By the end of this refreshingly modern take on literature, Batuman feels like a friend, and her essays like the remarkably...



In her debut, New Yorker contributor and n+1 fan favorite Batuman turns lit-crit on its head with a cheeky, guided tour through her own literary scholarship.

The academy wasn’t always the author’s life calling; rather, the “six-foot-tall first-generation Turkish woman” dreamed of writing her novels. But fate—and her mother’s copy of Anna Karenina—intervened, leading to a series of adventures delving deep into Babel, Tolstoy, Chekhov and other such notables. Part travelogue, part anthropological study and part meditation on literature, her essays take readers into the strange corners of her academic journey, including the ice palaces of St. Petersburg, the streets of Samarkand, Uzbekistan, where bakeries are signified by a flat loaf of bread literally nailed to the doors, and a literary convention in suburban California. Fans of popular Russian writers will delight in the Tolstoy chapter, in which Batuman finds herself at a convention of scholars, investigating a possible murder on the grounds of Tolstoy’s ancestral home. The chapter evolves like a real-life, esoteric version of the board game Clue. The author’s dissection of a Stanford Babel convention—her first essay ever published—is biting and thoroughly entertaining. The longest and most engrossing chapters focus on her bizarre foray into Central Asia, where she seeks a link between her Turkish heritage and the Russian literature she has come to adore, deeply testing the bonds of a romantic relationship along the way. The essays are arranged almost haphazardly, with the Samarkand summer broken into three parts interspersed with other essays, but that only adds to the book’s quirky charm.

By the end of this refreshingly modern take on literature, Batuman feels like a friend, and her essays like the remarkably well-constructed, analytical, eye-opening e-mails you always wanted that friend to send.

Pub Date: Feb. 16, 2010

ISBN: 978-0-374-53218-5

Page Count: 304

Publisher: Farrar, Straus and Giroux

Review Posted Online: Jan. 20, 2011

Kirkus Reviews Issue: Dec. 15, 2009

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Stricter than, say, Bergen Evans or W3 ("disinterested" means impartial — period), Strunk is in the last analysis...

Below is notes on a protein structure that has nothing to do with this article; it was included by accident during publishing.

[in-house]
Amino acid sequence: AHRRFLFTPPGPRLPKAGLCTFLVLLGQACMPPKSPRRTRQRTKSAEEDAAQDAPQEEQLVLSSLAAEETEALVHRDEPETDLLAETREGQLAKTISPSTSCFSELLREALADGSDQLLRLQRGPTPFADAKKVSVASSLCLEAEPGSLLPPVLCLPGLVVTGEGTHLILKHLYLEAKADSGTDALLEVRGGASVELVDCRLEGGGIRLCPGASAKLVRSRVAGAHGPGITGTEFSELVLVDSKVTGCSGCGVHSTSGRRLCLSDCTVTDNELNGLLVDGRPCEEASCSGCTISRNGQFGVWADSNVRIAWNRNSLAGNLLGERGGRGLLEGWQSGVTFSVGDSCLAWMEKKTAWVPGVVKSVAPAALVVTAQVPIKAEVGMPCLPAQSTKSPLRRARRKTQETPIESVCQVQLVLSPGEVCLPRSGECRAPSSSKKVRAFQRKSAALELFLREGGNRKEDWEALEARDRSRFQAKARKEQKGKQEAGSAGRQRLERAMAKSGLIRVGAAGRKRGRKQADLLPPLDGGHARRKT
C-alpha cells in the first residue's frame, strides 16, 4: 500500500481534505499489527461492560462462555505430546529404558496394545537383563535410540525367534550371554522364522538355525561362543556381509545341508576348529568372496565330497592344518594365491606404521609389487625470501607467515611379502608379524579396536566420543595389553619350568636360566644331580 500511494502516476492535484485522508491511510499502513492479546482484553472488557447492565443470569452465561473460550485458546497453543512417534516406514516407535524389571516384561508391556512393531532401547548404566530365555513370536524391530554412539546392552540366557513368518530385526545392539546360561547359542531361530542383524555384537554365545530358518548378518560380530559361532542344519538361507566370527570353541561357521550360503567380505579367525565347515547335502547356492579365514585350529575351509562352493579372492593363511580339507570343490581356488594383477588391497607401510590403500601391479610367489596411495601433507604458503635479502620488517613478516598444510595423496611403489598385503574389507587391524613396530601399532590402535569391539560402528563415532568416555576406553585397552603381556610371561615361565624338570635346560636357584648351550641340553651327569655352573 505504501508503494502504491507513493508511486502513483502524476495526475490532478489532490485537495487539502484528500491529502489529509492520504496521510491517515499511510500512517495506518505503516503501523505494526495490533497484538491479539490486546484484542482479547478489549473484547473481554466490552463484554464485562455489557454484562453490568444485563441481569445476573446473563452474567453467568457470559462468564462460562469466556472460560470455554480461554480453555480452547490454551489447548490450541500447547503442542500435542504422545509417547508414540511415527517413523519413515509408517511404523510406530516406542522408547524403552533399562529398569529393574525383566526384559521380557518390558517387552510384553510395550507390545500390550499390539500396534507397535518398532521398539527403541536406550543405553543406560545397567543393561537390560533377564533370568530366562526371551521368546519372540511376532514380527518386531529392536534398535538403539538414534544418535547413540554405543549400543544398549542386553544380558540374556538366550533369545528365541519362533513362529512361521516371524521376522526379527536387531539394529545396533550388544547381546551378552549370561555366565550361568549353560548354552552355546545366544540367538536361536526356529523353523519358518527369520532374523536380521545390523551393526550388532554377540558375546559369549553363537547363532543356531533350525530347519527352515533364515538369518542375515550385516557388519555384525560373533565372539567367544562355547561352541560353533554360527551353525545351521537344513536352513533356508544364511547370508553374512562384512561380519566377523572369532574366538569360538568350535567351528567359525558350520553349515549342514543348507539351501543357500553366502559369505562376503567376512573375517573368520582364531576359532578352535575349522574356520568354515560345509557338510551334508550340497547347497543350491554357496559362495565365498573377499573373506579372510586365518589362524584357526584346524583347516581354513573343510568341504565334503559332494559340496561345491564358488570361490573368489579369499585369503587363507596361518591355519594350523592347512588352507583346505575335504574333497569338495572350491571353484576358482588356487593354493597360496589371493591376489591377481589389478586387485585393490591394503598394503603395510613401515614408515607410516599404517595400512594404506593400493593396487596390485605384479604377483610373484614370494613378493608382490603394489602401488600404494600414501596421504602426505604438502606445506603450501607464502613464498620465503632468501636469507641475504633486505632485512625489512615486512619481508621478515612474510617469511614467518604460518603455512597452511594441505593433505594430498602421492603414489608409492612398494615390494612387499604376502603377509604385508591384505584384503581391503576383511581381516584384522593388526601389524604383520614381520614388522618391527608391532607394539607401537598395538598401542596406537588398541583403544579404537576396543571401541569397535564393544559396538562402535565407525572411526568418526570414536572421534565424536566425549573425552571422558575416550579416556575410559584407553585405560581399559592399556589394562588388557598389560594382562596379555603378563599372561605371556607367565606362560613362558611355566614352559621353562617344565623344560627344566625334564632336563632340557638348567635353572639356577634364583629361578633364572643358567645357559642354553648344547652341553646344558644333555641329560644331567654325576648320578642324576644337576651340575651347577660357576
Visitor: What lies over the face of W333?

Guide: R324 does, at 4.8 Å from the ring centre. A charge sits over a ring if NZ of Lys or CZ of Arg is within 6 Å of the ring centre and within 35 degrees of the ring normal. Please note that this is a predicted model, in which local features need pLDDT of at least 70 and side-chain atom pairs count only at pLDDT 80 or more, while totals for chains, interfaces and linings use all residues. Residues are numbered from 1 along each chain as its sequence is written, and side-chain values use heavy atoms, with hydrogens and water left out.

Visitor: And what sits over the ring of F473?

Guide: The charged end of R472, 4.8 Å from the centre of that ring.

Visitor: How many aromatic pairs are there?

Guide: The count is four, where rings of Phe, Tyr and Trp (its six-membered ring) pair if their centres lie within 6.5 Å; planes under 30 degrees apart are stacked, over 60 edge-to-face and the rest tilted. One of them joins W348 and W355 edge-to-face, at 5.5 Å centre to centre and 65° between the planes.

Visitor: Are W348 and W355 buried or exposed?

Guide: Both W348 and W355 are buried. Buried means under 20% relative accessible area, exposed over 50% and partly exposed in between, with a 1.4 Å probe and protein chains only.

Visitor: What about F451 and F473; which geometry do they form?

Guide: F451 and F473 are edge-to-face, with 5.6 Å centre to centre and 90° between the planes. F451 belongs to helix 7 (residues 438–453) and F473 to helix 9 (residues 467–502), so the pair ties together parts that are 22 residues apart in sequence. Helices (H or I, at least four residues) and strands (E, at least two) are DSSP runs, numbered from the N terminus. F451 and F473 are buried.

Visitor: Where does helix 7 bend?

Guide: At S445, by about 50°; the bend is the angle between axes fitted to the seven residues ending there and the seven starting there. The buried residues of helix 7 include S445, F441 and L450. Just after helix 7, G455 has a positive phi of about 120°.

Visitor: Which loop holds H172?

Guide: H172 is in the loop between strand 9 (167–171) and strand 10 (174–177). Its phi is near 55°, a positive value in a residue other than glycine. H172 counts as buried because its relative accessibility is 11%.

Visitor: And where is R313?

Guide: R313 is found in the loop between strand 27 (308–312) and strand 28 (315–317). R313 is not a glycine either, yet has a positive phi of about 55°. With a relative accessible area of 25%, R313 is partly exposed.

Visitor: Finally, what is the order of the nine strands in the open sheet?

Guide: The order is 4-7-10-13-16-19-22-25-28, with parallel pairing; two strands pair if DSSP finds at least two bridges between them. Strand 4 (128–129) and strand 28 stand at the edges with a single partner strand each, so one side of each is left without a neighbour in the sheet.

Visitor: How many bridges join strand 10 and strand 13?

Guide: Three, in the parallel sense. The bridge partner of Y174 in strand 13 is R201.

Privately published by Strunk of Cornell in 1918 and revised by his student E. B. White in 1959, that "little book" is back again with more White updatings.

Stricter than, say, Bergen Evans or W3 ("disinterested" means impartial — period), Strunk is in the last analysis (whoops — "A bankrupt expression") a unique guide (which means "without like or equal").

Pub Date: May 15, 1972

ISBN: 0205632645

Page Count: 105

Publisher: Macmillan

Review Posted Online: Oct. 28, 2011

Kirkus Reviews Issue: May 1, 1972

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Noted jazz and pop record producer Thiele offers a chatty autobiography. Aided by record-business colleague Golden, Thiele traces his career from his start as a ``pubescent, novice jazz record producer'' in the 1940s through the '50s, when he headed Coral, Dot, and Roulette Records, and the '60s, when he worked for ABC and ran the famous Impulse! jazz label. At Coral, Thiele championed the work of ``hillbilly'' singer Buddy Holly, although the only sessions he produced with Holly were marred by saccharine strings. The producer specialized in more mainstream popsters like the irrepressibly perky Teresa Brewer (who later became his fourth wife) and the bubble-machine muzak-meister Lawrence Welk. At Dot, Thiele was instrumental in recording Jack Kerouac's famous beat- generation ramblings to jazz accompaniment (recordings that Dot's president found ``pornographic''), while also overseeing a steady stream of pop hits. He then moved to the Mafia-controlled Roulette label, where he observed the ``silk-suited, pinky-ringed'' entourage who frequented the label's offices. Incredibly, however, Thiele remembers the famously hard-nosed Morris Levy, who ran the label and was eventually convicted of extortion, as ``one of the kindest, most warm-hearted, and classiest music men I have ever known.'' At ABC/Impulse!, Thiele oversaw the classic recordings of John Coltrane, although he is the first to admit that Coltrane essentially produced his own sessions. Like many producers of the day, Thiele participated in the ownership of publishing rights to some of the songs he recorded; he makes no apology for this practice, which he calls ``entirely appropriate and without any ethical conflicts.'' A pleasant, if not exactly riveting, memoir that will be of most interest to those with a thirst for cocktail-hour stories of the record biz. (25 halftones, not seen)

Pub Date: May 1, 1995

ISBN: 0-19-508629-4

Page Count: 224

Publisher: Oxford Univ.

Review Posted Online: May 20, 2010

Kirkus Reviews Issue: March 1, 1995

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